Working in Public #Fiction

I couldn’t believe what I was seeing. The thin man with graying hair and huge glasses in the seat next to me on the airplane was squinting over his laptop. The screen was bright and had large text. He didn’t seem to be aware that I could see what was on the screen. For half an hour, I watched, fascinated, as he read his email and worked on documents.

I learned his name was Roger Newton, that he was the President of the Chase Bank branch in Casper, Wyoming, where I lived, that his wife, confined to a wheelchair, worked at a rehabilitation center for people with disabilities. The couple had no children or pets and were trying to sell their house so they could move to a condo. Then, I saw something that made my blood run cold.

An instant message appeared from someone named Dirk G. “Hey, Roger, I’m all set for tonight around eleven o’clock. You sure your wife will be in bed by then?”

“Oh, yeah,” Roger answered. “She’ll be in bed by ten. The key is underneath the mat outside the kitchen door. I disabled the alarm this morning before I left. She doesn’t know this. Try not to make too much noise. I don’t want the neighbors to hear anything, okay?”

“No problem. My pistol has a silencer. You sure your wife won’t hear me coming in the kitchen door?”

“Naw, once Carla’s out, she’s out. A train could come through the house, and she wouldn’t know it.”

“Okay, I’ll sneak in the back door, through the kitchen and living room, and right into the bedroom. I’ll have to use a flashlight so I can see what I’m doing, but if I can aim for her head, she won’t know what hit her, and she won’t feel any pain.”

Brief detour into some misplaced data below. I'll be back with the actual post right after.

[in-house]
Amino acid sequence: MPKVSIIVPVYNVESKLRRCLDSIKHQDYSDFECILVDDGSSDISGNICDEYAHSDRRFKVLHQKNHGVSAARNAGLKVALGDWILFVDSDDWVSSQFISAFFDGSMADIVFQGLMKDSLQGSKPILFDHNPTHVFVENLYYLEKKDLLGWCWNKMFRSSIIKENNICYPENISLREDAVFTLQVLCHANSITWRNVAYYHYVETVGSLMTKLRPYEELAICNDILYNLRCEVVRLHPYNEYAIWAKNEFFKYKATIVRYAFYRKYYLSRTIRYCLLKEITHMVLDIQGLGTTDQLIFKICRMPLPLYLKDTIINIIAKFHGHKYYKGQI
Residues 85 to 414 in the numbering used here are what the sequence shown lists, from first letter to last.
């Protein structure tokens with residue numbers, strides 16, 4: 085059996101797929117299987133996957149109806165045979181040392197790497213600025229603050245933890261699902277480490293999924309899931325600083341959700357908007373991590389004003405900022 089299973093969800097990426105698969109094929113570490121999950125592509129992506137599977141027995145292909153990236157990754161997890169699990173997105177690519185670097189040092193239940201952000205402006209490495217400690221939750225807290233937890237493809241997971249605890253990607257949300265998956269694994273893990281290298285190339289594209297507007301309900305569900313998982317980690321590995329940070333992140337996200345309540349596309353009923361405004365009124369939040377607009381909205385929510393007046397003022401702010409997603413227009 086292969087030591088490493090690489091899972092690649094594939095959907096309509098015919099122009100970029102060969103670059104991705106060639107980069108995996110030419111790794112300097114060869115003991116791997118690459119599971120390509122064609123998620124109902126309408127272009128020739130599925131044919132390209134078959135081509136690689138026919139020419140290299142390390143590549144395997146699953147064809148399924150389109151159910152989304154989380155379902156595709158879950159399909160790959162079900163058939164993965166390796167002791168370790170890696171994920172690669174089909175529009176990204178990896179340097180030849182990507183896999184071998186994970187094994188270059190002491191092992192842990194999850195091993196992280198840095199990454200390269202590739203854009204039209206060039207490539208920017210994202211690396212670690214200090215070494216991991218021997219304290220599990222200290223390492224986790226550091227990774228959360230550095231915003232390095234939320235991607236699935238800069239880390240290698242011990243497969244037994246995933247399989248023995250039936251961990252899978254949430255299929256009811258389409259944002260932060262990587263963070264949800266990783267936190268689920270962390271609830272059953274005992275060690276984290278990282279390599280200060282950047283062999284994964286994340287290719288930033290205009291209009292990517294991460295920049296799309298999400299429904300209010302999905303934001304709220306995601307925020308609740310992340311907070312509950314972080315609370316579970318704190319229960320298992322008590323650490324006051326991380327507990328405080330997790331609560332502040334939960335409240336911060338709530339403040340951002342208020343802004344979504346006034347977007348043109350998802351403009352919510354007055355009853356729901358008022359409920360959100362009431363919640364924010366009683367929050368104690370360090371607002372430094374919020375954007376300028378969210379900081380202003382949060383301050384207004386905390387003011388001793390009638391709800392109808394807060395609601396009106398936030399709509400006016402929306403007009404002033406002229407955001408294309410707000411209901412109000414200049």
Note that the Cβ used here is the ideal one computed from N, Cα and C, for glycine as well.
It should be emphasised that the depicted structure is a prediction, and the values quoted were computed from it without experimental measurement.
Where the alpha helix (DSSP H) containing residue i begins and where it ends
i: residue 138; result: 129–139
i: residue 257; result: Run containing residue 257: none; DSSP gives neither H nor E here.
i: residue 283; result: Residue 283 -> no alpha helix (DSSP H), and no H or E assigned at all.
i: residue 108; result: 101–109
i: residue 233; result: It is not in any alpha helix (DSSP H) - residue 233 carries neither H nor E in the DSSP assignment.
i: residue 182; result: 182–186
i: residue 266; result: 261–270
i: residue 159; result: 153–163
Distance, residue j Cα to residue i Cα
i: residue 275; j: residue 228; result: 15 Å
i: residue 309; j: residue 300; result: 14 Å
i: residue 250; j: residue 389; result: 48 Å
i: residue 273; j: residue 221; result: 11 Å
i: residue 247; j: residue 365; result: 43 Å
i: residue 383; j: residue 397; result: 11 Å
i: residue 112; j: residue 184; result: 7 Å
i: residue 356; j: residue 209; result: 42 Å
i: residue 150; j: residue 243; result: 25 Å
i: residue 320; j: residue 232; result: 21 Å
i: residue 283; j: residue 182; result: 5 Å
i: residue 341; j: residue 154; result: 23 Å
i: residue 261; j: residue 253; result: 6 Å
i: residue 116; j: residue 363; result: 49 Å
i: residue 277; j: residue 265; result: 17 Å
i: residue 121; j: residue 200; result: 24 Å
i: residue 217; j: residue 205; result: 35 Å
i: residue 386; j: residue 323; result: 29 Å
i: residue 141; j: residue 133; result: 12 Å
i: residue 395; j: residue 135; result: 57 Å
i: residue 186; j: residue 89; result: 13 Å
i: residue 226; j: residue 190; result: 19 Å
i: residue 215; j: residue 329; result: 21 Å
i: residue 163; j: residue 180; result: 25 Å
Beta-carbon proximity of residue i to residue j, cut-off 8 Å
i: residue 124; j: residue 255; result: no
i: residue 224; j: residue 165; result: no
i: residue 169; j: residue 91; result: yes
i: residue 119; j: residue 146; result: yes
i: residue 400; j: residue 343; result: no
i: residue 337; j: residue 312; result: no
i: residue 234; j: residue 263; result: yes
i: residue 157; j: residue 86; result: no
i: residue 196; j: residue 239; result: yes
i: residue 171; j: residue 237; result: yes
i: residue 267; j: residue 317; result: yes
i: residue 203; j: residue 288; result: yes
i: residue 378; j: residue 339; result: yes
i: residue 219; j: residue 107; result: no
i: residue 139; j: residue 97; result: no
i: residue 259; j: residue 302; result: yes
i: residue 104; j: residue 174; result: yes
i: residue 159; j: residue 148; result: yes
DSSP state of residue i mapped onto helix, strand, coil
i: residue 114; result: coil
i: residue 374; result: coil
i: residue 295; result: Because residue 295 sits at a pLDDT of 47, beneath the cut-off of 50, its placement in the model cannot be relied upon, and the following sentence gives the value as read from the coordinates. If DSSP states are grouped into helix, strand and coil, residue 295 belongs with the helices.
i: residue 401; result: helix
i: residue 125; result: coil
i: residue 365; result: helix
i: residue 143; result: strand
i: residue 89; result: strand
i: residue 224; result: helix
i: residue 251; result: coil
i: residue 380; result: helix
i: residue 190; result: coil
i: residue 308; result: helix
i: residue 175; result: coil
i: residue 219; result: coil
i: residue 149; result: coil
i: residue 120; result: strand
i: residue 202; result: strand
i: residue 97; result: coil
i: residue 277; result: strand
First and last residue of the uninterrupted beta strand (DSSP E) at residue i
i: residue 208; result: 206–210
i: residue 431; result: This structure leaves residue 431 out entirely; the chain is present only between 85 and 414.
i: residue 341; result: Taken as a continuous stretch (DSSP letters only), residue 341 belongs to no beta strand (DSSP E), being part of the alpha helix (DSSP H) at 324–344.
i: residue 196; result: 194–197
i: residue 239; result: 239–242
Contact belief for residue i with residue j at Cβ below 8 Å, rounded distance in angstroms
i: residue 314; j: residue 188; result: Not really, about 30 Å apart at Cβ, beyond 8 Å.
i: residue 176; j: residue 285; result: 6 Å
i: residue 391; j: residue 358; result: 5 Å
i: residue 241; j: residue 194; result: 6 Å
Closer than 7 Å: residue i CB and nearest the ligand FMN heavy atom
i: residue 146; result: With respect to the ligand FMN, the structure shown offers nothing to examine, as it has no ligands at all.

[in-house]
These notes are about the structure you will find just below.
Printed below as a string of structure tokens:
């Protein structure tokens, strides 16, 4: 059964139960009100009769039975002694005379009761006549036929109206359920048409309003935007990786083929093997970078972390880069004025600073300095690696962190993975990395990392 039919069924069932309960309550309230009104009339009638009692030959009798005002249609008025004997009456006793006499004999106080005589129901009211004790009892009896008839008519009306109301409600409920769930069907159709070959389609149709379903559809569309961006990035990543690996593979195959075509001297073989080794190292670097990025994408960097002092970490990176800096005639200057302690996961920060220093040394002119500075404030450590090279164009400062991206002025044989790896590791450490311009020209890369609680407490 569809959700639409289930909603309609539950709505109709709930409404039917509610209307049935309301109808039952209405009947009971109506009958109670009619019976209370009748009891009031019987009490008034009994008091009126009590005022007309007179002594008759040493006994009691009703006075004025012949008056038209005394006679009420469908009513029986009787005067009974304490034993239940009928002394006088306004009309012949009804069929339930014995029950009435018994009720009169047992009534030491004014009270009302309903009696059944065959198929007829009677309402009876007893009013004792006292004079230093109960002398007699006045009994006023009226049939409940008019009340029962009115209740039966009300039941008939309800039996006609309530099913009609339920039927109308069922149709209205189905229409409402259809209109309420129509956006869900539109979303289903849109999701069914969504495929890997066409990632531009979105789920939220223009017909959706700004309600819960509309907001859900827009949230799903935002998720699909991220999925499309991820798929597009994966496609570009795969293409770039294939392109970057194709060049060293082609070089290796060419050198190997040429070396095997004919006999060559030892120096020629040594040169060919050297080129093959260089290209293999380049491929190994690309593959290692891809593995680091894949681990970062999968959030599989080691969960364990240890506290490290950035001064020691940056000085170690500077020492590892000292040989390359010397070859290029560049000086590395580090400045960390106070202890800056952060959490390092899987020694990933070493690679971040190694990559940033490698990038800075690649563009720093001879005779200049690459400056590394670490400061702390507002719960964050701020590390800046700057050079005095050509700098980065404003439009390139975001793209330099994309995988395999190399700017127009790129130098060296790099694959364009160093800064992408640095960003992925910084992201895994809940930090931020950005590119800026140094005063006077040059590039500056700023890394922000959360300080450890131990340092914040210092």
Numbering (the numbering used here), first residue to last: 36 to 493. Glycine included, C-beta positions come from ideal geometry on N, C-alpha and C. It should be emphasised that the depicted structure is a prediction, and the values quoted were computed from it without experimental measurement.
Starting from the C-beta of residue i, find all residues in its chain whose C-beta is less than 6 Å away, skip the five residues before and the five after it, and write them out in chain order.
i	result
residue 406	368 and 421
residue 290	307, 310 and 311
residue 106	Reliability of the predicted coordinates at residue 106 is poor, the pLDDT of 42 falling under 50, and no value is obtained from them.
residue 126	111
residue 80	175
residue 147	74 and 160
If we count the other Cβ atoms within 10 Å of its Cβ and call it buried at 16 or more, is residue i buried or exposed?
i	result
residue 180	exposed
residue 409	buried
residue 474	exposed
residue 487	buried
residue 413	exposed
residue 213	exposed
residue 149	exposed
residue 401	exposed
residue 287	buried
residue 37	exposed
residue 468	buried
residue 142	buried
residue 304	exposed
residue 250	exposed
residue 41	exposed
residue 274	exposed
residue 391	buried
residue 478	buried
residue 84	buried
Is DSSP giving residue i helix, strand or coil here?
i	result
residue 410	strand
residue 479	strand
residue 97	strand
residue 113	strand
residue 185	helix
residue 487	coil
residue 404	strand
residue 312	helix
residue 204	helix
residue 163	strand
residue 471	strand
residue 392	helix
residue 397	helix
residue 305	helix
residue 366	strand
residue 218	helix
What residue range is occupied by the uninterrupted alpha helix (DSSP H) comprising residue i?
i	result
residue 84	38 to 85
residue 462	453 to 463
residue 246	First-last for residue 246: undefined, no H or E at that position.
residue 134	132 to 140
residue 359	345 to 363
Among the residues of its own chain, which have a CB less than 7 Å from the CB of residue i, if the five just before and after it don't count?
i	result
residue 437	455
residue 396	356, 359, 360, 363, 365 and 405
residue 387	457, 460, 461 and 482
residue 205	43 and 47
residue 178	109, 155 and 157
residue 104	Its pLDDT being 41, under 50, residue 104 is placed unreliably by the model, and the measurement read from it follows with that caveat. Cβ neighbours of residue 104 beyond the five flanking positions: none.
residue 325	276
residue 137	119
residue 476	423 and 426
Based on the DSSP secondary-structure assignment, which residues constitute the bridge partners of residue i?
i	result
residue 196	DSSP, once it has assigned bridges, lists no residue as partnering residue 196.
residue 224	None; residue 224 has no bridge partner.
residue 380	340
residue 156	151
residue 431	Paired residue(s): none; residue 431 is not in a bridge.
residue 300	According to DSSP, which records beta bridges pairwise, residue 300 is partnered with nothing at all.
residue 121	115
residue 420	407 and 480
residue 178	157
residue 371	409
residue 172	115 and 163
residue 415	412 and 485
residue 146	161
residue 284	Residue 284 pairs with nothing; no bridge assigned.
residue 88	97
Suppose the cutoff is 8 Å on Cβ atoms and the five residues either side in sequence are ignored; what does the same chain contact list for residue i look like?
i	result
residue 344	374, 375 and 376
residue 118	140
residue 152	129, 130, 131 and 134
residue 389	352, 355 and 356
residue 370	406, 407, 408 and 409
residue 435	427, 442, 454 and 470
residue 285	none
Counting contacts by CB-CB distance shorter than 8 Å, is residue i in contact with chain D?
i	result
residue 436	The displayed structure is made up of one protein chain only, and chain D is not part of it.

“Good deal.”

“Okay, so, what about the money?”

“Carla’s jewelry case is on the bureau in front of the bed. She doesn’t keep it locked. Inside are some really expensive necklaces and bracelets I bought her over the years. You can take and sell those, and that’ll be your deposit. Once the life insurance claim settles, I should be able to write you a check for the rest.”

“Sounds great! Let me be sure I have the right address. That’s 1531 Apple Tree Lane, right?”

“Yes.”

I was a realtor in Casper. That address sounded vaguely familiar. I stood and made my way to a nearby lavatory, where I sat on the toilet and opened my phone. Sure enough, 1531 Apple Tree Lane was a house I’d shown the previous week. The woman interested in buying it needed a place that was handicap accessible because her husband had just suffered a paralyzing stroke. The house was listed with a different realty company, and she hadn’t made an offer.

Right then and there, I wanted to call my husband, Rick, a police detective, but I didn’t want to make my seat mate suspicious if he even noticed my absence. So, I stood, flushed the toilet for good measure, washed my hands, and returned to my seat. I leaned my head back, closed my eyes, and tried unsuccessfully to sleep.

The plane couldn’t have landed in Denver, Colorado, soon enough. After retrieving my baggage and rental car, all the while making sure Roger Newton wasn’t anywhere near me, I locked the car doors, and, with trembling fingers, punched in Rick’s cell number. It was only seven thirty, so he wouldn’t be at the station yet. When he answered, my voice was shaking when I said, “Oh, honey, you’re not gonna believe this.”

“Lucy, what’s wrong? Are you okay?”

“I’m fine.”

After I explained the situation, Rick gave a low whistle. “Jesus! Are you sure he didn’t see you watching him?”

“I’m pretty sure. He was hunched over that monitor the whole time, squinting. It’s a wonder he doesn’t have a headache.”